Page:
Bali is awash with shops. They are literally everywhere from the shanty type shops to the large shopping malls, to the boutique shops. You can buy crap for the fun of it, clothing so that you support the local economy, or you could get some unique items from the boutique shops, particularly in Seminyak towards the Potato Head Club. You can also buy from the local vendors, and the food vendors do have some incredible food.


What NOT to buy in Bali?


You will inevitably be offered anything and everything illicit in Bali. We were sitting at breakfast one morning on the open balcony when a man asked me if I wanted viagra for my husband. I said no, he was ok. He then asked whether he might need some Valium. I sort of thought it was a shot at me, and considered it, but said no thank you. You will be offered uppers, downers and everything that you must not buy in Bali. Just say ‘no, thank you’ …politely.


Packing for Bali, and lots of Handy Hints about Visiting Bali


Bali Packing List for Women


Footwear for Bali


Other than your thongs (flip-flops, jandals, or “plakkies”), and make sure they have a really good tread because when it rains the sidewalks are like ice skating rinks; you should also pack a pair of joggers (trainers, running shoes) should you go trekking in the rice fields of Ubud, or white water rafting. You won’t be able to climb Mount Batur or Gunung Agung as this volcano is about to blow it’s stack, quite literally. You may also need some ‘good’ shoes to enter some clubs and restaurants. Three pairs of shoes max. and remember you can buy pretty little-jewelled sandals in Bali for very little money.

You might like to read, 48 Hours in Ubud, Bali



Because of the humidity, you will find yourself changing your under garments frequently. If you are going for seven days, probably take ten pairs of knickers (panties, whatever you call them). We know you will live in your swimmers (bathers, cossies) a lot, but just to be safe. Ditto, two bra’s, they do get wet in the humidity.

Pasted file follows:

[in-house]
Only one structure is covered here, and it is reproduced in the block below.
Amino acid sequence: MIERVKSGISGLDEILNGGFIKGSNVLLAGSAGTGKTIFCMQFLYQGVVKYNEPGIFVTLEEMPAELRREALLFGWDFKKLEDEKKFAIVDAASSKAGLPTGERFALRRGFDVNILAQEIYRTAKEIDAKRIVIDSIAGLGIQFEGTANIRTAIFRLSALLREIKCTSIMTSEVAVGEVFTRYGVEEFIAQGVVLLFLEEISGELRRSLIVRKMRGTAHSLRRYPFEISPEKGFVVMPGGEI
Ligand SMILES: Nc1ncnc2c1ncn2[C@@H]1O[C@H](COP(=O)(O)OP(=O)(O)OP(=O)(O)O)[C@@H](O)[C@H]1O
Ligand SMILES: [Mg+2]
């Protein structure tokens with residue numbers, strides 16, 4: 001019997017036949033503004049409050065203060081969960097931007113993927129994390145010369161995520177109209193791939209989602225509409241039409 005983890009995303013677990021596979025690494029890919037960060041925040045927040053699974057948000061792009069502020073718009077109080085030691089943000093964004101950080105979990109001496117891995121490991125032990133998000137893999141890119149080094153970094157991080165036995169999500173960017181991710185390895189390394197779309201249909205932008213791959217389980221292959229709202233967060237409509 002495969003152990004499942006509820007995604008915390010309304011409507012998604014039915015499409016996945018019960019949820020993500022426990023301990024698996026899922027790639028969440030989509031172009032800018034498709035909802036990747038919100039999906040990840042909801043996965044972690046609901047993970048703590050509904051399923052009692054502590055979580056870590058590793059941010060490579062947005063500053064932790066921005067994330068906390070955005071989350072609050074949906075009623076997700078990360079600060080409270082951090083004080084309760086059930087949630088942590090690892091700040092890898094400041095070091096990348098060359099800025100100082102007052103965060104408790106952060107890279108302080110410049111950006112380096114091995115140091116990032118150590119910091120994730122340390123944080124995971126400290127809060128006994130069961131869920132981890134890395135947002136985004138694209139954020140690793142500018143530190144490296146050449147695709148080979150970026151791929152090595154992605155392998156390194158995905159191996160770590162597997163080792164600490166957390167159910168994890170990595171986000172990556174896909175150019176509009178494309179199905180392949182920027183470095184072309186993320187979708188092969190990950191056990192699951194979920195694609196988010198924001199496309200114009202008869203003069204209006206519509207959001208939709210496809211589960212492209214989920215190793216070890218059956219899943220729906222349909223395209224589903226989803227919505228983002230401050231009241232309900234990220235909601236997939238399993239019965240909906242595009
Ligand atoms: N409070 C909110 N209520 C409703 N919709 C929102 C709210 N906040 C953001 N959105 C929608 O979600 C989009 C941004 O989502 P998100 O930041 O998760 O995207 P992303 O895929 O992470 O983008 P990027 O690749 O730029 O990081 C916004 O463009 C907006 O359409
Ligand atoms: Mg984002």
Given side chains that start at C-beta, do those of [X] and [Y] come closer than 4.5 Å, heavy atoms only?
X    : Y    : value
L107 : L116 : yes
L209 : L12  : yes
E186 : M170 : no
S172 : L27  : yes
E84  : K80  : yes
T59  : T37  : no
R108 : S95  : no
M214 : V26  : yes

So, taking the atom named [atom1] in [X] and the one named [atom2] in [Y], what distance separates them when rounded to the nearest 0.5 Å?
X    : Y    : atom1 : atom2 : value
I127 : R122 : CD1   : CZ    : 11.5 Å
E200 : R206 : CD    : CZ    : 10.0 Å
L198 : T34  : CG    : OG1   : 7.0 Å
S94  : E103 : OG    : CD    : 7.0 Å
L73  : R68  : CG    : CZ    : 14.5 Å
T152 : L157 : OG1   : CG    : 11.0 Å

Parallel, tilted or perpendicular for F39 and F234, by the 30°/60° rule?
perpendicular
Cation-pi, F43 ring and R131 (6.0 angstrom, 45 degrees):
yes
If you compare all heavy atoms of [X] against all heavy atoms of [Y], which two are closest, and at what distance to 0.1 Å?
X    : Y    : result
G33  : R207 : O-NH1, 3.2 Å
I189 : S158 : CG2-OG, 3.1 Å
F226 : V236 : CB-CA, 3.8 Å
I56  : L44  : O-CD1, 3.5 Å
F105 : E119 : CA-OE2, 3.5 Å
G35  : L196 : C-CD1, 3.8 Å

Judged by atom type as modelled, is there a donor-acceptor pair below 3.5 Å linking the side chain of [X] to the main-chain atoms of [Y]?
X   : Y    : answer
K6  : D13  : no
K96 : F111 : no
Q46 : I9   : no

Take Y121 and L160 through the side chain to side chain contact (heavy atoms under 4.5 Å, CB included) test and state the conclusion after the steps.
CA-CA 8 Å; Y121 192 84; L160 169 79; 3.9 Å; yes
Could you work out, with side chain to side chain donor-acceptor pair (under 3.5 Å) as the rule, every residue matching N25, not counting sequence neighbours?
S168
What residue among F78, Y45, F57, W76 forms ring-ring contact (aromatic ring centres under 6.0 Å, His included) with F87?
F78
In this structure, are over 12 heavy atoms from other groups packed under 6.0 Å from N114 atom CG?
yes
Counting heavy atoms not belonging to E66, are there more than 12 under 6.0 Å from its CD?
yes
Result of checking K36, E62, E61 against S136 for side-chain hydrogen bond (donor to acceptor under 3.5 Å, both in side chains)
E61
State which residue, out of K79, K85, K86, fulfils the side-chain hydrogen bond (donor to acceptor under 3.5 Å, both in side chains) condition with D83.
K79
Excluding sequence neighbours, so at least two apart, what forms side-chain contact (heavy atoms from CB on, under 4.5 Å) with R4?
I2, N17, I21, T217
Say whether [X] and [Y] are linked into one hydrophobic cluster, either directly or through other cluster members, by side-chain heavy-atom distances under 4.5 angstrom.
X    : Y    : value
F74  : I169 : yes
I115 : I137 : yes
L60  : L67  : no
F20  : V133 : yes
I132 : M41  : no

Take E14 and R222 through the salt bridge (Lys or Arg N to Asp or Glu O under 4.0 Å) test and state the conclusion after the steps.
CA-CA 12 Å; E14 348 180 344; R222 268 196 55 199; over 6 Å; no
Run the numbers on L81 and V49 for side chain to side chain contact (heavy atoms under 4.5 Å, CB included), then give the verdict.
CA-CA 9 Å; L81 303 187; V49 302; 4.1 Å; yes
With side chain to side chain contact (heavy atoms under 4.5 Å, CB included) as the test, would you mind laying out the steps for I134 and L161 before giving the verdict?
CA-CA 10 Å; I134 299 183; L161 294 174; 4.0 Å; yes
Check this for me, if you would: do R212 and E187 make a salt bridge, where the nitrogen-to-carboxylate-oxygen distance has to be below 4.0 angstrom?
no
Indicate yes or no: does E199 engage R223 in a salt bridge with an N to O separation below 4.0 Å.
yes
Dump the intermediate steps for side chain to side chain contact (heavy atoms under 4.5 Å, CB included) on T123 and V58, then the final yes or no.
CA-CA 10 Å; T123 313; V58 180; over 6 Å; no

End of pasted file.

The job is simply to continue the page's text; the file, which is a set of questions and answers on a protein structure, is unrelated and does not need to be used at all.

You do not need a lot. You can literally buy five dresses for about 5 dollars. But I think for seven days in Bali; you would want about four light dresses, shorts, and t-shirts, or singlet tops, a nice outfit for the clubs and fancier restaurants. A Camilla Franks kaftan is always a good call.

Buy a Bali tote bag when you get to Bali. Make sure that it has a zipper across the top and that you can wear it across your body, for security sake. Make sure it is always packed with a sarong, which has multiple uses, and your sunscreen, and mozzie (mosquito) repellant, it is a tropical country, as well as bottled water.

Unfortunately, mosquitoes in Bali could carry dengue fever. As an aside, apparently, if you take Vitamin B daily for ten days before you go to Bali, it will repel the mozzies. You will see that all of the hotels, resorts, and villas spray their entire properties twice a week. Always apply your (mosquito) repellant.


About drinking the water in Bali


The water in Bali is NOT safe to drink; not even the locals drink it. Buy bottled water from a reputable outlet, and you will need to drink a lot of water. We buy a case of it as soon as we arrive from one of the grocery stores. This also means not using the water from the tap to clean your teeth. If you are like me and just instinctively do it, then put a sock over the tap, and that will remind you not to drink the water in Bali.